Shooting the Mafia




There's a problem of focus in this film attempting to study both a Sicilian photographer and the Mafia.

Shooting the Mafia

Kim Longinotto is a well-established documentarian who for me hit her peak in 2015 with Dreamcatcher. Shot in Chicago's East Side, that film had a compelling central figure in the person of a black woman named Brenda Myers-Powell who, having overcome her own past as a prostitute, confirmed her rehabilitation by setting up the Dreamcatcher Foundation to help local women in need of assistance. More than just a telling study of a remarkable woman, Dreamcatcher was also a powerful depiction of the lower levels of society. I mention that earlier film because one has the impression that Shooting the Mafia is seeking to follow the same format by combining a personal portrait with a social document. Unfortunately, the balance is much less adept this time around.


Shooting the Mafia starts out as a straightforward biopic about an octogenarian from Palermo, Letizia Battaglia. Her claim to fame lies in the fact that, having moved into journalism after an unhappy early marriage, she decided that photography was not just better than writing but the true love of her life. Living as she did in an area where the number of killings by the Mafia could reach as many as a thousand deaths in a single year, her notable photographic career had the Cosa Nostra as its central focus. Having started out on this in the days when the Mafia were killing the Mafia, she would still be functioning later when establishment figures came into their sights, not least the admirable investigating judge Giovanni Falcone and another well-intentioned judge, Paolo Borsellino. Telling Letizia's story therefore also means telling the story of the Sicilian Mafia.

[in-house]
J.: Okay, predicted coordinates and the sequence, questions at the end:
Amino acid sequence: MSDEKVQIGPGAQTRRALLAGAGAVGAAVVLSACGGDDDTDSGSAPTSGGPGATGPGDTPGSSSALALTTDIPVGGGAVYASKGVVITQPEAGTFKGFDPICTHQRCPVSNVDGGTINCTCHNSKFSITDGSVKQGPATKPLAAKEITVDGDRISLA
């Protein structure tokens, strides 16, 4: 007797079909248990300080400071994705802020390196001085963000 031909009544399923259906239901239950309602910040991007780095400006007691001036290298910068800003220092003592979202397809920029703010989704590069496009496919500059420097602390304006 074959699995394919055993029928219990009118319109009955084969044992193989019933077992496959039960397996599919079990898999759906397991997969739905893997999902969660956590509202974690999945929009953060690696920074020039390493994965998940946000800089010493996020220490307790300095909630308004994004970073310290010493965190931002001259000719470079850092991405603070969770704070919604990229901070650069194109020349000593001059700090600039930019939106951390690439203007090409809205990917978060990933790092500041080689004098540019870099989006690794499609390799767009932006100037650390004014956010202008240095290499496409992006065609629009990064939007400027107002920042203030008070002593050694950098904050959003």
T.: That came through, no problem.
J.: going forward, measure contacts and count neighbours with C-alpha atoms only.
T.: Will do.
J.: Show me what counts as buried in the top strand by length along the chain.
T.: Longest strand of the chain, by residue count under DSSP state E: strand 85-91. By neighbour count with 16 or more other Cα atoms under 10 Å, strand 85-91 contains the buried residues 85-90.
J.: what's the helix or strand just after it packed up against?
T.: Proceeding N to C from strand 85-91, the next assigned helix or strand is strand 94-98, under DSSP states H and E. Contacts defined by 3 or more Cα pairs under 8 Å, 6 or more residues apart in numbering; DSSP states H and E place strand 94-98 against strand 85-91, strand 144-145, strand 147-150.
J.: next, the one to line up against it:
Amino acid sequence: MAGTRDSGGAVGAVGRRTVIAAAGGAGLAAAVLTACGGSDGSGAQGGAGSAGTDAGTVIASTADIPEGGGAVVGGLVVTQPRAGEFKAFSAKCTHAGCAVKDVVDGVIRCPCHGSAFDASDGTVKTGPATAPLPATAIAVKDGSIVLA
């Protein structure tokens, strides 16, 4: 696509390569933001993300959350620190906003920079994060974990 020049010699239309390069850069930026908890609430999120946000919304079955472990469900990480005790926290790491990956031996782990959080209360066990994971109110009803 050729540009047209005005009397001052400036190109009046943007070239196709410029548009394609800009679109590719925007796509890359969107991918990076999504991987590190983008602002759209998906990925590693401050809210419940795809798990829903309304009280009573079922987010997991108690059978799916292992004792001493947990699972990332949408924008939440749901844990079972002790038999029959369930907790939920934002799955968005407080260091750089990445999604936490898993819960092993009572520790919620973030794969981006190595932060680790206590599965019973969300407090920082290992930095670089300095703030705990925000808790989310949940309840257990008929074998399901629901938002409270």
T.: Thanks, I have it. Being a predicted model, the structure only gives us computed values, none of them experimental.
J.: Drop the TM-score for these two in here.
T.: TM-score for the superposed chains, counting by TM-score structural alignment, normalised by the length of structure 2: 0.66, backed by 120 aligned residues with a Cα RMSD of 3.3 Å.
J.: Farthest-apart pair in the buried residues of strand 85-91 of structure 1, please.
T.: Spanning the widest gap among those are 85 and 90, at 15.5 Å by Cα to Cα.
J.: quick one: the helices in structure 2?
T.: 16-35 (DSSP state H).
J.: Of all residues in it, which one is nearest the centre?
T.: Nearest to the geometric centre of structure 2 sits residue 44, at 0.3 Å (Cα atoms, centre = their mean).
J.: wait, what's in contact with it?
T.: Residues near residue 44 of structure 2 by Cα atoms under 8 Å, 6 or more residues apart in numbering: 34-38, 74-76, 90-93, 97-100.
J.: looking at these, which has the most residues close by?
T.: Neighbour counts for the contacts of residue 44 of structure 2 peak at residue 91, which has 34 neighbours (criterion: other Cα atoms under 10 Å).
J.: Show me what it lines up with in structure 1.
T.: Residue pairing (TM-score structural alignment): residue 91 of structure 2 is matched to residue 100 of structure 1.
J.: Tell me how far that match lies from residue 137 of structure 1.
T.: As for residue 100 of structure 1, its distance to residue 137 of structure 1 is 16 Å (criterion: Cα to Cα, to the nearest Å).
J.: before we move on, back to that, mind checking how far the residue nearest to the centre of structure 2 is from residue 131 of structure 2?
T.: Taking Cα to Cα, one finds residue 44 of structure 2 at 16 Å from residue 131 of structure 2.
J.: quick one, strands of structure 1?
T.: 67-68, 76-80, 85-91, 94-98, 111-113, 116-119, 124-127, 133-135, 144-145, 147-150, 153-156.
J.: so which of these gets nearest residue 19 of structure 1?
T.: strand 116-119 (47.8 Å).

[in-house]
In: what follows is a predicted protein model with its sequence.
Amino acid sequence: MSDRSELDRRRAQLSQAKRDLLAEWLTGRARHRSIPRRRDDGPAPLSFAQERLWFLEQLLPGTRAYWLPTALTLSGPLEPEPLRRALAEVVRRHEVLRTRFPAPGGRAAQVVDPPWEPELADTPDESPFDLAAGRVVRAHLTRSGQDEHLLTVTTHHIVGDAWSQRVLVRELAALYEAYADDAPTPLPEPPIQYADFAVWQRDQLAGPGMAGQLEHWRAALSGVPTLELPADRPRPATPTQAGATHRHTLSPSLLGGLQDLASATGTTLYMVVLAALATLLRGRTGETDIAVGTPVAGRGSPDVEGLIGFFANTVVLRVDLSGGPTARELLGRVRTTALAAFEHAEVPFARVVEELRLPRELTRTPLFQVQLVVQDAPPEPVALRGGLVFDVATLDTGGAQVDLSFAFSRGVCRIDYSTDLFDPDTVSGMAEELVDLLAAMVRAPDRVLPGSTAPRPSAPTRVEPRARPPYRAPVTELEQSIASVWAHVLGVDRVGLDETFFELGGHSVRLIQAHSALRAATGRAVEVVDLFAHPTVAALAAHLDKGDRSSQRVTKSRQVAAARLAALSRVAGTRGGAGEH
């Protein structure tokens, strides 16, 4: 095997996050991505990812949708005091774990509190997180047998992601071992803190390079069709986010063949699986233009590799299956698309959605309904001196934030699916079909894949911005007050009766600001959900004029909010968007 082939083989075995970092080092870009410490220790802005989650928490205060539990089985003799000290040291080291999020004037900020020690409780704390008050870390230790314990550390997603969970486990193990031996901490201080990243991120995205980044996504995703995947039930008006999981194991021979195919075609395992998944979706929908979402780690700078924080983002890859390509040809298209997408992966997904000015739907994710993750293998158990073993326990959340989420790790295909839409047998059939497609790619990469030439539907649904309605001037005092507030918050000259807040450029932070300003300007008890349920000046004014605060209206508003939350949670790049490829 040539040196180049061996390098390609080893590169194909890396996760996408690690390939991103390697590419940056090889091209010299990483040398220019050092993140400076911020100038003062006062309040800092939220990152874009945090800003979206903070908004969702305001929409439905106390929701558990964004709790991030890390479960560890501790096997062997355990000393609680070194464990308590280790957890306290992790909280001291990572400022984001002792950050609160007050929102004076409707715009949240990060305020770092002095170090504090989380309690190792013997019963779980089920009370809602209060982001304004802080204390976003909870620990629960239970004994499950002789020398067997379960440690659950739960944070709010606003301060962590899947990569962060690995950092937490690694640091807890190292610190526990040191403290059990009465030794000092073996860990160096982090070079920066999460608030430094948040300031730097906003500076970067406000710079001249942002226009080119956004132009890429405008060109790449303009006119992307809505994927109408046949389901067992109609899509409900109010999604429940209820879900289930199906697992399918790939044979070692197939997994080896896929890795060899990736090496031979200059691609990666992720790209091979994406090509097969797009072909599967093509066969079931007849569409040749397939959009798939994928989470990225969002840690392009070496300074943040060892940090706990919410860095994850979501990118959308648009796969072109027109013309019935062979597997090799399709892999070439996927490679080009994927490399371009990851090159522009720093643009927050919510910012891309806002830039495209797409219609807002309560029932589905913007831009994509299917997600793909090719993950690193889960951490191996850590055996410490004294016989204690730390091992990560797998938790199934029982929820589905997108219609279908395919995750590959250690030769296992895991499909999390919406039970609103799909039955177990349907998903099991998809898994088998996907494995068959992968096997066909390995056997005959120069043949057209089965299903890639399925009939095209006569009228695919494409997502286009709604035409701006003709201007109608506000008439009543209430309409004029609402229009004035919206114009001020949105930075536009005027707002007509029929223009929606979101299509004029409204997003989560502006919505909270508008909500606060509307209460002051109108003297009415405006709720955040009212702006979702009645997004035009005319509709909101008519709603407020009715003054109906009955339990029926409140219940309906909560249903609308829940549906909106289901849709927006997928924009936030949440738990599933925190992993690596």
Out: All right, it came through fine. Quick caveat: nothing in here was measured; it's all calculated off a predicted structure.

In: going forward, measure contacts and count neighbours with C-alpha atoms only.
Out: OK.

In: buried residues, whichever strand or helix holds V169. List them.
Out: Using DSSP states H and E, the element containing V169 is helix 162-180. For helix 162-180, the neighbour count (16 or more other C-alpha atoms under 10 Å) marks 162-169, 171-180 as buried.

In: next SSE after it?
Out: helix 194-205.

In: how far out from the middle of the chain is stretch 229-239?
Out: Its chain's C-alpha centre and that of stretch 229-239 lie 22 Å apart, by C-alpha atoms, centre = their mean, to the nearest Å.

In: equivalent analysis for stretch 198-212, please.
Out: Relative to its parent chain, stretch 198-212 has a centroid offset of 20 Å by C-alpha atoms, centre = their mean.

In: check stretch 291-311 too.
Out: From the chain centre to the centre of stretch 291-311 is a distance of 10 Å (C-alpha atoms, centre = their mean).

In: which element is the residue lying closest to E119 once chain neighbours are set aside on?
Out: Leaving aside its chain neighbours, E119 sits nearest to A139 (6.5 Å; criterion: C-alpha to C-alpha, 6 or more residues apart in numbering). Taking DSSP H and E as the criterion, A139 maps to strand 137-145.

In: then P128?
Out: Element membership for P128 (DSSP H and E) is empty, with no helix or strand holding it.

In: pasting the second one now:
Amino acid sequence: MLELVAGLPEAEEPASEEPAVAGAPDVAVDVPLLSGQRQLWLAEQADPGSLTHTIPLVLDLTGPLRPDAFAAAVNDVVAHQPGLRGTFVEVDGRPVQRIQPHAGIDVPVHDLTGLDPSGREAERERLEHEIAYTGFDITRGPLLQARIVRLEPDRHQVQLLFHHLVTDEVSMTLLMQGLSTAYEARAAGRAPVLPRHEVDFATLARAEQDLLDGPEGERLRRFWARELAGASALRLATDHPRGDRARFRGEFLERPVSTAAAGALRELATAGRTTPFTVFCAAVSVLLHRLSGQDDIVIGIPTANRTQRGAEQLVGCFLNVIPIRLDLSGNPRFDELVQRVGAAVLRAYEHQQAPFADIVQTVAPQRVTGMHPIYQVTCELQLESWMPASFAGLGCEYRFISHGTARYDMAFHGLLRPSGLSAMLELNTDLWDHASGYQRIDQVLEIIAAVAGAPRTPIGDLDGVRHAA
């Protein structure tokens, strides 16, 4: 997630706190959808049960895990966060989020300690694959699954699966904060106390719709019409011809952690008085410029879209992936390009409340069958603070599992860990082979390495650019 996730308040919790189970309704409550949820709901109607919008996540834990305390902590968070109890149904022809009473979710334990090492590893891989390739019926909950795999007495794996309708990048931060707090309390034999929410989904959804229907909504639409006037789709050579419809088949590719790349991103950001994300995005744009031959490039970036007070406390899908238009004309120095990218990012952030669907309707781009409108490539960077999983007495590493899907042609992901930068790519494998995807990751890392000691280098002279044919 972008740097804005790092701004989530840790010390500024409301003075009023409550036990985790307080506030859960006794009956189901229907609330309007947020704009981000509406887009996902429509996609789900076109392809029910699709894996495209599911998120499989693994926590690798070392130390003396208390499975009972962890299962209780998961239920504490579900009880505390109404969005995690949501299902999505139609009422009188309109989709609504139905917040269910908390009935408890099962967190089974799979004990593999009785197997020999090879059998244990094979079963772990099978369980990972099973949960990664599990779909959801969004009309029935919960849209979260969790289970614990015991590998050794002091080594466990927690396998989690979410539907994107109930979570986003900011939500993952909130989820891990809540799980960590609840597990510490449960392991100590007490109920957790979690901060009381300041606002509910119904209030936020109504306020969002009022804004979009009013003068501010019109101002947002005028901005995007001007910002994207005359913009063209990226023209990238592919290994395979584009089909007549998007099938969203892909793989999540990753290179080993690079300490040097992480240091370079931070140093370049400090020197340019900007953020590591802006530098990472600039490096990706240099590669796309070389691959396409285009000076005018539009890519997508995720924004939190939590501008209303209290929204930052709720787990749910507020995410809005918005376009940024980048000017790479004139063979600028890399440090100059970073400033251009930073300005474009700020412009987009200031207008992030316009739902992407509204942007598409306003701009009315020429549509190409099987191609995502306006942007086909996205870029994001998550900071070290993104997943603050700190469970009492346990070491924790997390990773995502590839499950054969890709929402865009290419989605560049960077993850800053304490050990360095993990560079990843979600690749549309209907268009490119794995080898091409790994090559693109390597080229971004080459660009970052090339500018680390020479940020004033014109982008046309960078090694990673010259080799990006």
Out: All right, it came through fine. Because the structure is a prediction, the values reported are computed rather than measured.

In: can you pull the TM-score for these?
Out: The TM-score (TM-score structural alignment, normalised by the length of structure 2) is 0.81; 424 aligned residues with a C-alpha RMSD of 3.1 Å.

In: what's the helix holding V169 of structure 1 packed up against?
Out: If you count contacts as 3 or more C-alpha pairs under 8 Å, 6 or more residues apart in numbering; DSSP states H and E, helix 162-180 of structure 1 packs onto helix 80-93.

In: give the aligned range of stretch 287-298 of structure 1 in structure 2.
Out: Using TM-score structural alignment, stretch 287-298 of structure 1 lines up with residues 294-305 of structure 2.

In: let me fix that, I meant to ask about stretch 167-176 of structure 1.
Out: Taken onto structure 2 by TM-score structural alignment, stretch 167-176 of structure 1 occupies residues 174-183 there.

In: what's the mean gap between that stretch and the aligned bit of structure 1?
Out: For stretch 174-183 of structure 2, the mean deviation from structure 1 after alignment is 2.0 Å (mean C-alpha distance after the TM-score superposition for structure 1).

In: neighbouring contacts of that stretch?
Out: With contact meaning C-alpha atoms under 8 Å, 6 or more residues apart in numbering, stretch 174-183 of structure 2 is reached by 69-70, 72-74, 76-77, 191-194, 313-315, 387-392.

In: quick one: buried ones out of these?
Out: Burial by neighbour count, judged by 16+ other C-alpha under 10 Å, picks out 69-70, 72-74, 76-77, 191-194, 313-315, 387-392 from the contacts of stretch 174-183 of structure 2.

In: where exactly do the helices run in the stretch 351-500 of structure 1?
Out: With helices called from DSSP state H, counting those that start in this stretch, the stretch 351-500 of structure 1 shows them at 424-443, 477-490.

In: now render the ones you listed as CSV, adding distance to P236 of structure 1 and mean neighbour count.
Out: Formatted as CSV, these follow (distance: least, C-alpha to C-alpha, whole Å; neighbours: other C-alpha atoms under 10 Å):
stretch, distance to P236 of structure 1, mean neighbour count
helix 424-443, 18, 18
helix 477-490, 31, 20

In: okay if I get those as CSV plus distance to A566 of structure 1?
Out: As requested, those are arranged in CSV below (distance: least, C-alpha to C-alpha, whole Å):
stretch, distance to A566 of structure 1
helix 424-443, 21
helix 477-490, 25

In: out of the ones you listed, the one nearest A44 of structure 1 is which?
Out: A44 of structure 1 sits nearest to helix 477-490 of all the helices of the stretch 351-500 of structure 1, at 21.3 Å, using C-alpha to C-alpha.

The basic trouble with this enterprise is that Battaglia is far less rewarding a subject than Myers-Powell. Strictly disciplined as a child, she would later embrace promiscuity as an act of rebellion and we hear from   two longer-lasting ex-lovers, but all of this fades into insignificance compared to the history of the Mafia. That has played a part in other films too, of course, yet there is enough impact still for it to seem a limitation that Battaglia is made the centre of attention here. Treating her in that way results in the first half of Shooting the Mafia recreating her earlier life by inserting period clips from old cinema features - look out for Raf Vallone in 1951's Anna! - and from newsreels, while later on we cannot always tell if images from the 1970s consist of more such shots, extracts from television programmes or actual photographs taken by our central figure.


The material about the Mafia retains its power and Battaglia herself is at the very least a strong survivor. For that reason, Shooting the Mafia is certainly not without some interest. Even so, the sense that the focus adopted is not really the right one and that Battaglia is really just a subsidiary figure in the Mafia story is underlined by the film's concluding passages. As fate catches up with Mafia bosses at last (we see footage from 1993 and 2006), we feel that this is the material that counts. But the film then goes on to reveal that, despite Letizia Battaglia now being in her eighties, she has acquired a new and much younger admirer. Frankly, though, my response to that news was that in this context her love life is of minimal interest.




Featuring  Letizia Battaglia, MariaChiara Di Trapani, Santi Caleca, Eduardo Rebulia, Franco Zecchin, Roberto Timperi.


Dir Kim Longinotto, Pro Niamh Fagan, Ed Ollie Huddleston, Music Ray Harman.


Screen Ireland/Lunar Pictures/Impact Partners-Modern Films.
94 mins. Ireland/USA. 2019. Rel: 29 November 2019. Cert. 15.